My feelings can perhaps be best summed up by A. N. Wilson in God's Funeral:

The liberal Protestant way had its charms. It involved minimalism in doctrinal observance, vagueness in theological definition, and cloudiness of expression when anything so dangerous as a definition was required. Its difficulty was one of historical plausibility. […] And the other trouble with the liberal Protestant approach, whether we conduct it in English or in German, is that it leaves the religious believer on his or her own; whereas, if this book has established anything, it is that religious experience is not merely individual, but collective. (p.338)

There are in addition, in the Kindle version at least, a number of garbled passages that can generally be figured out, but speak very ill of the care taken in publishing. Here are three examples.

“The teacher's classroom is his or her personal domain, and when the principal steps in to do the required supervision, the visit is treated as an intrusion. A similar observation required supervision, the visit is treated as an intrusion. can be made about clergy who perform their leadership in the discrete setting of their local churches.”

“A paradigm is a set of assumptions, norms, and practices of Thomas Kuhn. that determine what we do and how we understand the world we live in.”

In these two cases, I presume that the underlined words and punctuation should be dropped.

“Return to Quinn's observation that, over time, established institutions develop both a public mission (which they announce to the world) and a private mission (in which they quietly pursue the satisfaction of the strongest constituent. The private mission of serving the internal constituents voices in the institution). of the institution is the silent but more powerful of the two missions.”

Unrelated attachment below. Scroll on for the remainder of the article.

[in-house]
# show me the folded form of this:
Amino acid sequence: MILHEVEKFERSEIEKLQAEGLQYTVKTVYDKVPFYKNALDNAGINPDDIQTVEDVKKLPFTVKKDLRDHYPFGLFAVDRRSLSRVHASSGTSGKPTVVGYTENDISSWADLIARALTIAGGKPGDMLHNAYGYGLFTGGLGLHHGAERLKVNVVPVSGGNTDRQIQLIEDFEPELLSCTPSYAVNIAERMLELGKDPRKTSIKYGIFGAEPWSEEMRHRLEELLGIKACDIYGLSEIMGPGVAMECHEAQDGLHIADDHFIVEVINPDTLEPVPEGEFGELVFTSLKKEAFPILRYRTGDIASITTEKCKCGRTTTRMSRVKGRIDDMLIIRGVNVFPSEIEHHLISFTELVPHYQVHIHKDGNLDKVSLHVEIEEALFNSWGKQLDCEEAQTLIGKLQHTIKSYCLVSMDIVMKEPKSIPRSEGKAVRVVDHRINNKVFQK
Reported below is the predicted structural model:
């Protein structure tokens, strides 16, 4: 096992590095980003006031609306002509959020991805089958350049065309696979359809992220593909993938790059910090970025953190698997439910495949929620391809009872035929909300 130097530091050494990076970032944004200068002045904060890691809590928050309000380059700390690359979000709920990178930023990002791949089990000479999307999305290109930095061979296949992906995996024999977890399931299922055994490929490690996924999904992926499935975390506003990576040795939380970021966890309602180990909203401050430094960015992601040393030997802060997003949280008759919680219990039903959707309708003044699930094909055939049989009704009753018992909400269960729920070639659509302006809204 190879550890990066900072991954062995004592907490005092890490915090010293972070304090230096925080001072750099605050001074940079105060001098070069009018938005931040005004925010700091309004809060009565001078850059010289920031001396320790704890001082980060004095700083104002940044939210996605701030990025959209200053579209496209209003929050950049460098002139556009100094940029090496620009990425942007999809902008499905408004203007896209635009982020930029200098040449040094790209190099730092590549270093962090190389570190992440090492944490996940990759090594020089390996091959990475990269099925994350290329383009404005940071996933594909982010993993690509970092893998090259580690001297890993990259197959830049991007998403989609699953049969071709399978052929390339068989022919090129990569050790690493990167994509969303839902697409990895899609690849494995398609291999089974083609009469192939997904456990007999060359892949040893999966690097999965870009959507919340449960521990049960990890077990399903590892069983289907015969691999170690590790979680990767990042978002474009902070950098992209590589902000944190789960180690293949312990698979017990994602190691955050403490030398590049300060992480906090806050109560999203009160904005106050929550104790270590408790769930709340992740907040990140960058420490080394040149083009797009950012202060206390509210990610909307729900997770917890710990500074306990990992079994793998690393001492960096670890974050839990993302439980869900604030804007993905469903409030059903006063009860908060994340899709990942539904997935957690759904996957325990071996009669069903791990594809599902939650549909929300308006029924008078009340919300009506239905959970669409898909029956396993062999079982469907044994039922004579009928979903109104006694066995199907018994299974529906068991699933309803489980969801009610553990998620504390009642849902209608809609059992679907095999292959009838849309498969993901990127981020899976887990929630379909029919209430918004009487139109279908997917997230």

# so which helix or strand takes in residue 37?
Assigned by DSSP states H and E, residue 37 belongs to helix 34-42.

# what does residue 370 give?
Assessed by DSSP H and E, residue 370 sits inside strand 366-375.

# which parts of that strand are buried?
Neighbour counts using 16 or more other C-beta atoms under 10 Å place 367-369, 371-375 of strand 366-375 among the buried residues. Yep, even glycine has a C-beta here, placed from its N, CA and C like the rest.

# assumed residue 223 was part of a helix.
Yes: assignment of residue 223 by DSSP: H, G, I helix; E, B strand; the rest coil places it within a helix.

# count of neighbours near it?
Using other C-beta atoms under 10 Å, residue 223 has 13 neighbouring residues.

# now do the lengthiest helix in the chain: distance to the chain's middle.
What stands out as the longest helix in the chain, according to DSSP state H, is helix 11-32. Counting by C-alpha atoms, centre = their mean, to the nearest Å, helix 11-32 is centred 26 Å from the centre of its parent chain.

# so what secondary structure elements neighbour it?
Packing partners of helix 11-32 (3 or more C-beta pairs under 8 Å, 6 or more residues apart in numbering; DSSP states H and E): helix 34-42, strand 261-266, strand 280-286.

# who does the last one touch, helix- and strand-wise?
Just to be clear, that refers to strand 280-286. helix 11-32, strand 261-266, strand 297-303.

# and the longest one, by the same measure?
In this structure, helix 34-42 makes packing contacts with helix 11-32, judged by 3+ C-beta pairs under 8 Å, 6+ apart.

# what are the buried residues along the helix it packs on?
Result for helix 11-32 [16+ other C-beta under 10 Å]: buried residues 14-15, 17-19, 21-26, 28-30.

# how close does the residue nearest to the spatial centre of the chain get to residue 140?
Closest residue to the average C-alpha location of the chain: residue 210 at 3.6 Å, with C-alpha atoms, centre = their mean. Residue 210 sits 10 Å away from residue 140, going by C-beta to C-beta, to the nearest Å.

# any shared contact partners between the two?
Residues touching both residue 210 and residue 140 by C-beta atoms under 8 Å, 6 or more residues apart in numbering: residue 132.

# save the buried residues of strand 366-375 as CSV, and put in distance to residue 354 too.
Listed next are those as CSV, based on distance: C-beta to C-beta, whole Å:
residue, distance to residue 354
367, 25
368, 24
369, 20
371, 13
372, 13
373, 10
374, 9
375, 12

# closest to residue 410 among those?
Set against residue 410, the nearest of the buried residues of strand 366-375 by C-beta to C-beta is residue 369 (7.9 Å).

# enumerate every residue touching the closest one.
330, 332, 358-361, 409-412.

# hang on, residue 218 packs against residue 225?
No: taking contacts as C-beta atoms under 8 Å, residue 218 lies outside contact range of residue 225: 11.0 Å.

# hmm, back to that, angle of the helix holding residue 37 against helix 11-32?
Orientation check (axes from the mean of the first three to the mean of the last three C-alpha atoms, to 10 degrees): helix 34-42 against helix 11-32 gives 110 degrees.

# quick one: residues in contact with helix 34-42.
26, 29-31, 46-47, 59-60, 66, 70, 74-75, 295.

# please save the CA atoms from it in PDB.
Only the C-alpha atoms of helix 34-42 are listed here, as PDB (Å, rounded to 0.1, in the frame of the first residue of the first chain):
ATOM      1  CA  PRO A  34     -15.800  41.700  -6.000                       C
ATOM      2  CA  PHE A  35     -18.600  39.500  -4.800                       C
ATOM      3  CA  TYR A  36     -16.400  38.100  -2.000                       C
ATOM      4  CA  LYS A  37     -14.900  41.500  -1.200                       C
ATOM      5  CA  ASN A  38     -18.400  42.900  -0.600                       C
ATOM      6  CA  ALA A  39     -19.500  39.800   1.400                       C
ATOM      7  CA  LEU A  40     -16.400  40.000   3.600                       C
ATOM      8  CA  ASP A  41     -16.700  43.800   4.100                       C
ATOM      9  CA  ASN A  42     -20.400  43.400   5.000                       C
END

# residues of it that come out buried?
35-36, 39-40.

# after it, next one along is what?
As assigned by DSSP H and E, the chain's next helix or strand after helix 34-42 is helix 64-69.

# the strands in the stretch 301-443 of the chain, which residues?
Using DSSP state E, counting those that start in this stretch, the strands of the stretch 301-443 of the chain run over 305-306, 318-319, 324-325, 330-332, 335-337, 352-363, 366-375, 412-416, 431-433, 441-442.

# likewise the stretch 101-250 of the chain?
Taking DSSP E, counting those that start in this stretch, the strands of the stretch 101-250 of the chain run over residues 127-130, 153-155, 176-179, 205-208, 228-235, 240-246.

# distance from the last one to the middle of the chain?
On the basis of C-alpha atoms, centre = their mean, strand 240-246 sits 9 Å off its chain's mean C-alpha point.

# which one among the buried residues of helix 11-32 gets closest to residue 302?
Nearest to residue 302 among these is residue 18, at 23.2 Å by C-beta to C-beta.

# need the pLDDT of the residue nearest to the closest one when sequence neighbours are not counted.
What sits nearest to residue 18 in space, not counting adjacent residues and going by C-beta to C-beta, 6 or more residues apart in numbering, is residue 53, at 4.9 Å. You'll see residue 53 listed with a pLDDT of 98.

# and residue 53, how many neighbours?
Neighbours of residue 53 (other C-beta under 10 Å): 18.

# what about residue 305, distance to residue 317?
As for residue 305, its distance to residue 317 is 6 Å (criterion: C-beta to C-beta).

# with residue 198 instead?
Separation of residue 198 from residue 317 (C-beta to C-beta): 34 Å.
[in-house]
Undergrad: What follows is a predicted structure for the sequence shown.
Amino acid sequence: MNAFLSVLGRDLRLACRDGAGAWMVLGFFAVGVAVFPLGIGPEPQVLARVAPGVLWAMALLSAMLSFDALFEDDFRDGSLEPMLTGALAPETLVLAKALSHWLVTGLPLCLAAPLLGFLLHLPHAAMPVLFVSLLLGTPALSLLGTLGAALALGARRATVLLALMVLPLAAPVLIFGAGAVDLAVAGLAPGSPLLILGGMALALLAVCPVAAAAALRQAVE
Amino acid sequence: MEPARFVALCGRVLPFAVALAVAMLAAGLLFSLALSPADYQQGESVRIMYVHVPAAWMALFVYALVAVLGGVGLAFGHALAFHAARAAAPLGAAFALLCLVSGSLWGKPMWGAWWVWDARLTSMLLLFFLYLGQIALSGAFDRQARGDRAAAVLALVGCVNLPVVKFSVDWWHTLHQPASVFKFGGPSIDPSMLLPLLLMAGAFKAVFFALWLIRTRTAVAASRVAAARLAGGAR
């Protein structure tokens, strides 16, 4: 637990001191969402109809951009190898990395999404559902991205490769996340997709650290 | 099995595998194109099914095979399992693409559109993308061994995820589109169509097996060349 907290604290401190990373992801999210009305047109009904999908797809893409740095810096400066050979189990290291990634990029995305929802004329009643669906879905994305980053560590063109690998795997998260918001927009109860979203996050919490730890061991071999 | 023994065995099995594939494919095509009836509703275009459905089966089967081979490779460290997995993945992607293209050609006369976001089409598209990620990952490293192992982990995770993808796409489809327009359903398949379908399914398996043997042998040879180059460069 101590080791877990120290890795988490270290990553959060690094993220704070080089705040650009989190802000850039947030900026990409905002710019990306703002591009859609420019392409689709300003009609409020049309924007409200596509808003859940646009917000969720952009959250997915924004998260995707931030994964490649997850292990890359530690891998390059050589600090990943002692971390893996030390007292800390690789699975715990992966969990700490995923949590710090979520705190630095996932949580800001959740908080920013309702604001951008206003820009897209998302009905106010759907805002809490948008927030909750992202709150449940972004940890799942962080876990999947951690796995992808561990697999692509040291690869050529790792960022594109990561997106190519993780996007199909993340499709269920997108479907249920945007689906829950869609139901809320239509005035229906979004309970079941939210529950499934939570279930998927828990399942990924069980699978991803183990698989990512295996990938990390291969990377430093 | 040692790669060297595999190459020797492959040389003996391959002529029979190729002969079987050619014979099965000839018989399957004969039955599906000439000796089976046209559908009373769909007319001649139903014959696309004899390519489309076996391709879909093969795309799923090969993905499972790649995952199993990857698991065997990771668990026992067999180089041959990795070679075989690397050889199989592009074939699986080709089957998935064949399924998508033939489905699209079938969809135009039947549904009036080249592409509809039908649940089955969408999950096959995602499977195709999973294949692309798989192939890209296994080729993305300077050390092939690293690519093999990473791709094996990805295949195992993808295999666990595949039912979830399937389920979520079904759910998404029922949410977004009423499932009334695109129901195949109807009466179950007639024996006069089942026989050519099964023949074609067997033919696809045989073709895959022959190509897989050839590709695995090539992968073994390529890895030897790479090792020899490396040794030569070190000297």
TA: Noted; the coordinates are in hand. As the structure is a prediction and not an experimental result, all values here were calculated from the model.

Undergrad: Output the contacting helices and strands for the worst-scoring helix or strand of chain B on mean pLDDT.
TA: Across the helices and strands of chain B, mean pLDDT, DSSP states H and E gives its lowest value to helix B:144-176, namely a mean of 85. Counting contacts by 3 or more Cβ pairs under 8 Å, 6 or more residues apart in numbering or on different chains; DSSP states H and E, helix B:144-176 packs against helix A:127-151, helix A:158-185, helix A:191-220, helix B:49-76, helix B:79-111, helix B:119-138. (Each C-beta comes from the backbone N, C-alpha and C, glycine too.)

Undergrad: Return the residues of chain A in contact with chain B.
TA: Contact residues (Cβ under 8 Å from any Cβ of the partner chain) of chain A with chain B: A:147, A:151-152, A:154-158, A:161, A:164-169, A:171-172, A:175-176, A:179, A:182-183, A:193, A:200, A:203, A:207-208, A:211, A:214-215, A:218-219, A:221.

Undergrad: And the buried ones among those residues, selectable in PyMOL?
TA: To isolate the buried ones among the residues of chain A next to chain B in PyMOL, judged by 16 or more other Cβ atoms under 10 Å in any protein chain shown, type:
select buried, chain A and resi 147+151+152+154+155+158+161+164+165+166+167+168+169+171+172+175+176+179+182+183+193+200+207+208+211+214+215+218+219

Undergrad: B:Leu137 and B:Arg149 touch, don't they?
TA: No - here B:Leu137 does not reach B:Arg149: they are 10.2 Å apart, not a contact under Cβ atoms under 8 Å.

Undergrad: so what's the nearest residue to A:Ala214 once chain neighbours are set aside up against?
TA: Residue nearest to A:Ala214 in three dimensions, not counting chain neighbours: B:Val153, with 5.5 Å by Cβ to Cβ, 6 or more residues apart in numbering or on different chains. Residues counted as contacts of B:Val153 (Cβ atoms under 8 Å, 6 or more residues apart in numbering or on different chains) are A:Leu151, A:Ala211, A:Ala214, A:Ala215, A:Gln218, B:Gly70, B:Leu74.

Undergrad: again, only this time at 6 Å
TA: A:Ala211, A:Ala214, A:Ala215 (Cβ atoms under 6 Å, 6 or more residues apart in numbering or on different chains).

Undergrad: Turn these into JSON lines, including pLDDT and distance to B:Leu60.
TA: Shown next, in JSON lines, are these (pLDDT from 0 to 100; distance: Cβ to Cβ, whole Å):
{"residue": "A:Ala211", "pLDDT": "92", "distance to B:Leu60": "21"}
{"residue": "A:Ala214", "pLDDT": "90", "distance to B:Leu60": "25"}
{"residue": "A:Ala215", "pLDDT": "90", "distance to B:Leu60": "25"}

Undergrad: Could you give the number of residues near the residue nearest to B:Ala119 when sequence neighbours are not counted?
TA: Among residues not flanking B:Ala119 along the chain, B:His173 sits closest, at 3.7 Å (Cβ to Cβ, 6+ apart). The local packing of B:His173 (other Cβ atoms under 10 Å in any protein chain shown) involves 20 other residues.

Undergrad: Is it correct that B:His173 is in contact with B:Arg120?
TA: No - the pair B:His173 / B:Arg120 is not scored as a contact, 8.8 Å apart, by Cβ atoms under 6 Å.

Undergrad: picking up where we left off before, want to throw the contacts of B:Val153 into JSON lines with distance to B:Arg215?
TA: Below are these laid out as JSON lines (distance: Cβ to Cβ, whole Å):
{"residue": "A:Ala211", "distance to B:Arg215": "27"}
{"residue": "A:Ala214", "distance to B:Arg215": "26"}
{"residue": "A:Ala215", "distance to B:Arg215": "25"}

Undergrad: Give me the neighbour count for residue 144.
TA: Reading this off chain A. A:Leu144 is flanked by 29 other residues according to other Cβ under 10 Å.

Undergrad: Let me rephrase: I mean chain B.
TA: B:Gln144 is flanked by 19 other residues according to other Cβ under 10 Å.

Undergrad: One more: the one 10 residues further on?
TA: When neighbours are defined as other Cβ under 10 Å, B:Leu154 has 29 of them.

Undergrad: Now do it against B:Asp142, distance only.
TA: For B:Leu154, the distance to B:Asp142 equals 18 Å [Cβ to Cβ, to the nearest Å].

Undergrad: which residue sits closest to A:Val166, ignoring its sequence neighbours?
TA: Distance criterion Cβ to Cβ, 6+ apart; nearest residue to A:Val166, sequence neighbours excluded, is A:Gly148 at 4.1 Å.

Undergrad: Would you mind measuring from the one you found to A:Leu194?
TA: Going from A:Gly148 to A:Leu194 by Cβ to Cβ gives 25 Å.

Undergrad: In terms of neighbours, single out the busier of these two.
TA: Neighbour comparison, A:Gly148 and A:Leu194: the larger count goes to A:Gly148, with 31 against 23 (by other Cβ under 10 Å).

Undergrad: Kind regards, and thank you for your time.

In this case, I presume that the underline words are intended to follow the second closed parentheses.

While I am not normally an enemy of verbing nouns, which sometimes fill in a real gap in vocabulary, I wonder why Rendle felt it necessary to invent the awkward “to public” when there are already the verb forms publish, make public, go public, and publicize. I don't think it even makes as much as the average verbed noun, which generally means to do what the noun does. ( )
  PuddinTame | Jul 5, 2012 |
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The lifeblood of the United Methodist is passion rather than organizational neatness, entrepreneurial freedom rather than denominational restraint, and agility rather than staid institutional dependence. But if United Methodists want to change and be the church we say we want to be, what must we risk and how can we challenge current practices? At the heart of becoming a spiritual movement once again is the requirement that we develop a new understanding of connection as Christians and as United Methodists. We are currently at a time in which United Methodists are reinventing denominational connectionalism. One way of framing the issue is to distinguish between members and disciples, or consumers (those who wait for the institution to care for their needs) and citizens (those who are willing to commit themselves to and be held accountable for the whole of the community). United Methodism has nurtured generations of leaders and congregations that see themselves as consumers of the resources and attention of the denomination. The impulse toward movement is challenging spiritually purposeful leaders and congregations to risk becoming citizens who fully expect to make a difference in the lives of individuals and also in the world through an encounter with Christ.